Hebrew word study: Comparing a Hebrew word with other Semitic languages

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Harper, Jacob D. | Forum Activity | Posted: Tue, Jul 28 2020 5:30 PM

Good evening,

I am working on an assignment where I need to compare the spellings and basic meanings of a certain word in Hebrew (נעם) in other Semitic languages. Is this something that can be done in Logos or will I need to look at outside resources?

Thanks in advance,

Jacob

Posts 2776
Beloved Amodeo | Forum Activity | Replied: Tue, Jul 28 2020 6:26 PM

Harper, Jacob D.:

Good evening,

I am working on an assignment where I need to compare the spellings and basic meanings of a certain word in Hebrew (נעם) in other Semitic languages. Is this something that can be done in Logos or will I need to look at outside resources?

Thanks in advance,

Jacob

There are Hebrew scholars that populate these forums. I'm not one of them. But, the resource I would consult in this instance is TDOT.I

leave you with a sample of the quality of the work. I hope some one more qualified chimes in.

I. Etymology. The root, listed as nʿm I in lexicons of Biblical Hebrew (cf. also nʾm and nḫm/nḥm), is also found in Middle Hebrew and other Semitic languages: Arabic (naʿima, “enjoy, rejoice”), Amorite (PN nḫm), Ugaritic (nʿm, “lovely, good,” “attractiveness, something attractive, a lovely place,” “well-being, health”; nʿmt, “loveliness”; nʿmy, “loveliness, delight”; nʿmn, “lovely, good,” also a PN), Phoenician and Punic (nʿm, “good, friendly, lovely,” “joy, goodness”; nʿmt, “good, beneficial,” “goodness,” etc.), Postbiblical Aramaic (e.g., neʿîmtāʾ, “loveliness”; also a PN), and Syriac (neʿîmāʾ, “lovely, beloved”; also a PN).1

This root is distinct from nʿm II, which appears not only in Middle Hebrew (hiphil: “sing, accompany”; neʿîmâ, “song, sound,” etc.), but also, e.g., in Arabic (naǵama, “hum, sing”; naǵma, “sound, melody”), Aramaic (e.g., neʿîmtāʾ, “melody”), and Syriac (e.g., naʿmatānāyāʾ, “pertaining to the modulation of the voice”). In the OT this root is attested only in derivatives (esp. neʿîmâ, “song, music,” Sir. 45:9; the PN naʿa I may mean “[female] singer,” but it may also derive from nʿm I and mean “lovely” or “friendly”; cf. also the roots nʾm and nḫm).

 Kronholm, T. (1998). נָעַם. G. J. Botterweck, H. Ringgren, & H.-J. Fabry (Eds.), D. E. Green (Trans.), Theological Dictionary of the Old Testament (Revised Edition, Vol. 9, p. 468). Grand Rapids, MI; Cambridge, U.K.: William B. Eerdmans Publishing Company.

Meanwhile, Jesus kept on growing wiser and more mature, and in favor with God and his fellow man.

International Standard Version. (2011). (Lk 2:52). Yorba Linda, CA: ISV Foundation.

MacBook Pro macOS Catalina 10.15.6

Posts 11310
Denise | Forum Activity | Replied: Tue, Jul 28 2020 7:46 PM

Beloved's TDOT is good; also HALOT.

Not answering this thread but related:

https://www.amazon.com/Comprehensive-Etymological-Dictionary-Language-Readers/dp/965220093X 

Carta, no less! (a 2015 available)

"God will save his fallen angels and their broken wings He'll mend."

Posts 5002
David Paul | Forum Activity | Replied: Wed, Jul 29 2020 1:36 AM

Denise:

Beloved's TDOT is good; also HALOT.

Not answering this thread but related:

https://www.amazon.com/Comprehensive-Etymological-Dictionary-Language-Readers/dp/965220093X 

Carta, no less! (a 2015 available)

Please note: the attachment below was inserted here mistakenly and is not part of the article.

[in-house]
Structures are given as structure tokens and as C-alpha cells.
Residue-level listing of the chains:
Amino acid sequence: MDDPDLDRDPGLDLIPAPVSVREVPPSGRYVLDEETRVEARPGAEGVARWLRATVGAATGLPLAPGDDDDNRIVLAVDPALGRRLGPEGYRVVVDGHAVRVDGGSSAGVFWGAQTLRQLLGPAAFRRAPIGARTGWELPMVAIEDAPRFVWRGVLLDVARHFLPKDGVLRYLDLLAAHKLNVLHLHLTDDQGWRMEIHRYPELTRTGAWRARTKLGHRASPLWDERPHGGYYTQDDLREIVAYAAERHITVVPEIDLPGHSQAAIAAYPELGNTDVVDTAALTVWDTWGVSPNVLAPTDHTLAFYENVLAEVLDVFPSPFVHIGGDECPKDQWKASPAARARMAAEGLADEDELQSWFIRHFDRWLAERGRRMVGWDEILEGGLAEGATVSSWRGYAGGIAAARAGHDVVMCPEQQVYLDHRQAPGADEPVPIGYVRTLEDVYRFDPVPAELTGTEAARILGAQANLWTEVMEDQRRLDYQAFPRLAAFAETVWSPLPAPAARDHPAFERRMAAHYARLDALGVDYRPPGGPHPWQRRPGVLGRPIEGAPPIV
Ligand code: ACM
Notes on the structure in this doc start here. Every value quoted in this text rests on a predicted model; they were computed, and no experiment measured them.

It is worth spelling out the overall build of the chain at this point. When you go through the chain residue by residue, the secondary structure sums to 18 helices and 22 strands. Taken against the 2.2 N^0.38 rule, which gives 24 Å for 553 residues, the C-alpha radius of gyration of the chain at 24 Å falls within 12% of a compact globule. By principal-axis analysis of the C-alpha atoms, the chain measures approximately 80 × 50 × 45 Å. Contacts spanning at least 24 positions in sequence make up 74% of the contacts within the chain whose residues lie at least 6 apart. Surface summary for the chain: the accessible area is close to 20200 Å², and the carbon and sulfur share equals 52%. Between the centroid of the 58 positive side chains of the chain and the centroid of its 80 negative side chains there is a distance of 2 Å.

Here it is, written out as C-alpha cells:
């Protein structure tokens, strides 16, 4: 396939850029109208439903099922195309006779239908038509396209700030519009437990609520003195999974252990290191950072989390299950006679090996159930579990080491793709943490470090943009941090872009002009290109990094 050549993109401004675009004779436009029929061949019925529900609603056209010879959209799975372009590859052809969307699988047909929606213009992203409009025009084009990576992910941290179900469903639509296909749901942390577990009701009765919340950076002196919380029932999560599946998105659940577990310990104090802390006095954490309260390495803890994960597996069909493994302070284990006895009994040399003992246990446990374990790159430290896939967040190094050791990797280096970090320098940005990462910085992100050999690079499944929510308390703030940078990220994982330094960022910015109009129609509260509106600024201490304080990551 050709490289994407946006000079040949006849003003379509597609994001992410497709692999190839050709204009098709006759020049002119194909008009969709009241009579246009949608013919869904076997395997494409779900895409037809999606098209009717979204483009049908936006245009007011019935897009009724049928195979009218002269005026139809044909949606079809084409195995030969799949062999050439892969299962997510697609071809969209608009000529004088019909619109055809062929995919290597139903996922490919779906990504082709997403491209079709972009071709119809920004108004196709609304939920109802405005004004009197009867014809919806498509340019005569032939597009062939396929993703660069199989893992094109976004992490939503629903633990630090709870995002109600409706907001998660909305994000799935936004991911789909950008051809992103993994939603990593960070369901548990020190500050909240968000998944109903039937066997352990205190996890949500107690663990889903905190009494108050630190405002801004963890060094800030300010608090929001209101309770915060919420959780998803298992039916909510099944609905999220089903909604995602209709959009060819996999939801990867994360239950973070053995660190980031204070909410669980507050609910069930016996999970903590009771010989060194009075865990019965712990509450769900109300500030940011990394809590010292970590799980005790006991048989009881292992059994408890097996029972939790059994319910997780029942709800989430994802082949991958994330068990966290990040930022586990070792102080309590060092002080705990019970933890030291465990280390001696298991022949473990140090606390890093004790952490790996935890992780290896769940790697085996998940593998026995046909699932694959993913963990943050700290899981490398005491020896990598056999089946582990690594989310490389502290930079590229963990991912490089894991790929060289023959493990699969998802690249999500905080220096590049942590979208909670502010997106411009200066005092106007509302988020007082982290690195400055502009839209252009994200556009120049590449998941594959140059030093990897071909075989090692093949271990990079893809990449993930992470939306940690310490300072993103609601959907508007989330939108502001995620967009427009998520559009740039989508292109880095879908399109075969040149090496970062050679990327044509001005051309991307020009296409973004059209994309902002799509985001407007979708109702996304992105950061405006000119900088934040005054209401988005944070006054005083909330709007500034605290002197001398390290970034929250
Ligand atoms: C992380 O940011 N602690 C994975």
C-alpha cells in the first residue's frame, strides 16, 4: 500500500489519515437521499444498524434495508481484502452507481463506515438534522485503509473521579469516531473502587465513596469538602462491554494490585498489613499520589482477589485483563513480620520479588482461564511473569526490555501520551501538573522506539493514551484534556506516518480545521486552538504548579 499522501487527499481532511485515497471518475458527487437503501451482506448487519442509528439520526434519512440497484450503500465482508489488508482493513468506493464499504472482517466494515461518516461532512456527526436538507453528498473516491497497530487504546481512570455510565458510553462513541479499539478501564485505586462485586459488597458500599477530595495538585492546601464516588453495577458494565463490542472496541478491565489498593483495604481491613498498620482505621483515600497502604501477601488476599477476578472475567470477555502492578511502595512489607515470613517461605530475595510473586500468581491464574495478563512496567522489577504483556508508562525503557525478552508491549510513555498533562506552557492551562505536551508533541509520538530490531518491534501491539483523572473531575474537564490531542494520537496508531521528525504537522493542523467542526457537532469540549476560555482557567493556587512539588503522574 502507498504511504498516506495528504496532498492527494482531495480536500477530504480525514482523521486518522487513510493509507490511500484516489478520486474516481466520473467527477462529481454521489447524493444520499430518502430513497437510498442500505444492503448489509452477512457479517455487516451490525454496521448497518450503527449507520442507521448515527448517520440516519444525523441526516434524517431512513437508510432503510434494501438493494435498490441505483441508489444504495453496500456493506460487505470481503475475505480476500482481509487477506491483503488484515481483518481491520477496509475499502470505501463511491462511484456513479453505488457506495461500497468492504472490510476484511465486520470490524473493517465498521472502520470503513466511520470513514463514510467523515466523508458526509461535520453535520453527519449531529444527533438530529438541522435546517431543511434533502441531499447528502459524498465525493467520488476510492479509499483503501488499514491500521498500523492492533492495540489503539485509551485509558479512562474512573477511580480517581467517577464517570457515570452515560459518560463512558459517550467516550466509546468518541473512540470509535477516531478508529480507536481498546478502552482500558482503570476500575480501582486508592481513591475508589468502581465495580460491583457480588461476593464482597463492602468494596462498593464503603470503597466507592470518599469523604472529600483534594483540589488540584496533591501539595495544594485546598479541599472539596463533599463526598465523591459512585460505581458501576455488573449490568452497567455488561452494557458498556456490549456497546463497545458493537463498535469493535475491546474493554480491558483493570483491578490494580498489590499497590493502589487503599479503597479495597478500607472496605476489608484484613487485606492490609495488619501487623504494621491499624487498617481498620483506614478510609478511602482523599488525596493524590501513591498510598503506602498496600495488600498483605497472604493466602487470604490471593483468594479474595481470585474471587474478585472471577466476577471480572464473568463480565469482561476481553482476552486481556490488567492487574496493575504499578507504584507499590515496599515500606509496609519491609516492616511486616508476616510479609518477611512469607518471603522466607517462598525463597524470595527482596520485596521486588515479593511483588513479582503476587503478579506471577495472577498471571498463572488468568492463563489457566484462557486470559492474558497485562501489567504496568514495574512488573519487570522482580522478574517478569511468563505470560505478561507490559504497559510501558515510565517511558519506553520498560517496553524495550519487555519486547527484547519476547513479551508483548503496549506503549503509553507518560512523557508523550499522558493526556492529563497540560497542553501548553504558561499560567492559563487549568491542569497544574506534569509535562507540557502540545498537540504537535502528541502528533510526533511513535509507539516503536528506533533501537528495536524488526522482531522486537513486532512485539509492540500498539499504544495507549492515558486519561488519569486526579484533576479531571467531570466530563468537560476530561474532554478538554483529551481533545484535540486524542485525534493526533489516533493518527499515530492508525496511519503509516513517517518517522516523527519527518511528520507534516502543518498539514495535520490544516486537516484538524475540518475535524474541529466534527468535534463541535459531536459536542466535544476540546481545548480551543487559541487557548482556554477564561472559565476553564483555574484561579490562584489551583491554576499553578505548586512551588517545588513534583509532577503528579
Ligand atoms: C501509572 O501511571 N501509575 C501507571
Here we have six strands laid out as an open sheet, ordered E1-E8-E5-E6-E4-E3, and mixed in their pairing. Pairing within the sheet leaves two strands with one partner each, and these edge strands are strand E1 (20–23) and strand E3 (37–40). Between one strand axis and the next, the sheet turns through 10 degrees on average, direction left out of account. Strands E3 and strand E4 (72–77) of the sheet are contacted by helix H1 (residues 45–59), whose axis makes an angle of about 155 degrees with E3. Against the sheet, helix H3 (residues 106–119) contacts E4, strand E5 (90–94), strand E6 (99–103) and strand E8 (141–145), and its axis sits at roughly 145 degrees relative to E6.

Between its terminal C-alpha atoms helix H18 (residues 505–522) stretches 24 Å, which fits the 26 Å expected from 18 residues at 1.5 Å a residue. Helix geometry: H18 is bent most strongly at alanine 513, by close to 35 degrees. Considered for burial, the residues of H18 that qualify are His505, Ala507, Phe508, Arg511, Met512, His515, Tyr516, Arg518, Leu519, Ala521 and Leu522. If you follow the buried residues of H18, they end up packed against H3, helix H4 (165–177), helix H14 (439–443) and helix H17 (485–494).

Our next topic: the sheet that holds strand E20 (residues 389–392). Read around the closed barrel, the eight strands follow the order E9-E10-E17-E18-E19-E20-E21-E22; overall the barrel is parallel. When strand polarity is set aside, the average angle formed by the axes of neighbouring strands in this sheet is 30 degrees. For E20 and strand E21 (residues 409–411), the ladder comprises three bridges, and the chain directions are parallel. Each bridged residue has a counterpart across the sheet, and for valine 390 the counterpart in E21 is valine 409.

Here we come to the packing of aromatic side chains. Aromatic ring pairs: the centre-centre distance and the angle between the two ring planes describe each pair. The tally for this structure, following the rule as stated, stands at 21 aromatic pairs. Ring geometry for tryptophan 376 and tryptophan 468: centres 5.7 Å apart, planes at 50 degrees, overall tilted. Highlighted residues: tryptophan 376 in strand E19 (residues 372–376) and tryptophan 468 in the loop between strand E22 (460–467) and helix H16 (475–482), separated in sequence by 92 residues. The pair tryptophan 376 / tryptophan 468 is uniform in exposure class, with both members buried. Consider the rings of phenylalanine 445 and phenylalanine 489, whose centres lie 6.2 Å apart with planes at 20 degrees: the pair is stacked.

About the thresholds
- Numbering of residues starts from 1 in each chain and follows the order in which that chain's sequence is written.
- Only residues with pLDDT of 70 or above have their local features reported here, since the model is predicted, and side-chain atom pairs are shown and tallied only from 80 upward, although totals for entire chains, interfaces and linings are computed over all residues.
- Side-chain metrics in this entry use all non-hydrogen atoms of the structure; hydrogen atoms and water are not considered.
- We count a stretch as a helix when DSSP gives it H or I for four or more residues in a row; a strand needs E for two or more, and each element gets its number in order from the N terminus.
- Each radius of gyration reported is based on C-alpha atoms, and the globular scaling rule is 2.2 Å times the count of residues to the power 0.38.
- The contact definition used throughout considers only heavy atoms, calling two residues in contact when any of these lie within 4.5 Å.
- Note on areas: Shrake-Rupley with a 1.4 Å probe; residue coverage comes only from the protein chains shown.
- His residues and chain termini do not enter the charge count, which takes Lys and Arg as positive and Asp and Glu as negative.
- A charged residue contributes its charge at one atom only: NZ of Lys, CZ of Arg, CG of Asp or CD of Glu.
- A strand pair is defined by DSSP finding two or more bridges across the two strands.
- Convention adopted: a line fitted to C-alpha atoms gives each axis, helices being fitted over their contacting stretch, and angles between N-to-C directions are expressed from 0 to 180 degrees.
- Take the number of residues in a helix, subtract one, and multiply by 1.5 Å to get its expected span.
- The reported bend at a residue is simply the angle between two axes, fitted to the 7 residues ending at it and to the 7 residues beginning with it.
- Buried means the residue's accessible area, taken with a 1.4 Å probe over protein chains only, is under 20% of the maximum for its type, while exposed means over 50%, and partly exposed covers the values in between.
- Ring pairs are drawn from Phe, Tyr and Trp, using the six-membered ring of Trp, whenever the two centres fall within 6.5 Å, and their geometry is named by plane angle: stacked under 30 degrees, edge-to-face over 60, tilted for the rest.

I have Klein's Dictionary. It is just a dictionary, so it doesn't discuss matters per se. There are two entries (I & II). The meaning of I is "pleasant" with variations of "agreeable", "delightful", and "lovely". There are associations with Aramaic, Ugaritic, Arabic, & Old South Arabic, specifically:

Aram. -- n'`iymaa' [written in pointed H. text; this is my translit]
Ugar. -- n`m
Arab. -- na`ima & 'an`ama
OSArab. -- n`m

The meaning of II is "to sing; to compose or play music". This entry has Syriac associations, specifically:

Syr. -- na`eim (= he sang), ne`emtaa' ( = sound, song, voice) and a reference to the Aram. entry above, that is, to the meaning "pleasant". [Again, these entries are my translits]

Posts 2589
Lee | Forum Activity | Replied: Wed, Jul 29 2020 3:23 AM

Whoever gave out this assignment chose a relatively uncontroversial word, so the Logos resources are quite sufficient.

If it were a controversial and/or rare word, you'd have to dig into Syriac, Akkadian, even Egyptian, where authoritative sources are not widely available in software.

Posts 2776
Beloved Amodeo | Forum Activity | Replied: Wed, Jul 29 2020 5:50 AM

Harper, Jacob D.:

Is this something that can be done in Logos or will I need to look at outside resources?

Logos is certainly up to the task if you own the requisite resources. You can do a basic search of your Hebrew Lexicons either transliterated or by typing in Hebrew on the word. See my results.

Meanwhile, Jesus kept on growing wiser and more mature, and in favor with God and his fellow man.

International Standard Version. (2011). (Lk 2:52). Yorba Linda, CA: ISV Foundation.

MacBook Pro macOS Catalina 10.15.6

Posts 11310
Denise | Forum Activity | Replied: Wed, Jul 29 2020 6:07 AM

David Paul:
I have Klein's Dictionary. It is just a dictionary, so it doesn't discuss matters per se.
 

I always wonder why the  OT/hebrew is the also-ran in Logos. Granted the customer base just can't not get excited over a new greek lexicon (except for Lampe, that looks suspiciously Catholic by virtue of 'the Fathers').

I don't bother suggesting or rooting for the OT resources, since it'll be sleepy-time at Ridgmont High.

The Akkadian/Hebrew volume by Tewil remains my absolute favorite.

"God will save his fallen angels and their broken wings He'll mend."

Posts 1513
Ben | Forum Activity | Replied: Wed, Jul 29 2020 12:54 PM

+1 for Tawil and more OT/lexicographe resources. https://community.logos.com/forums/t/146684.aspx 

"The whole modern world has divided itself into Conservatives and Progressives. The business of Progressives is to go on making mistakes. The business of Conservatives is to prevent mistakes from being corrected."- G.K. Chesterton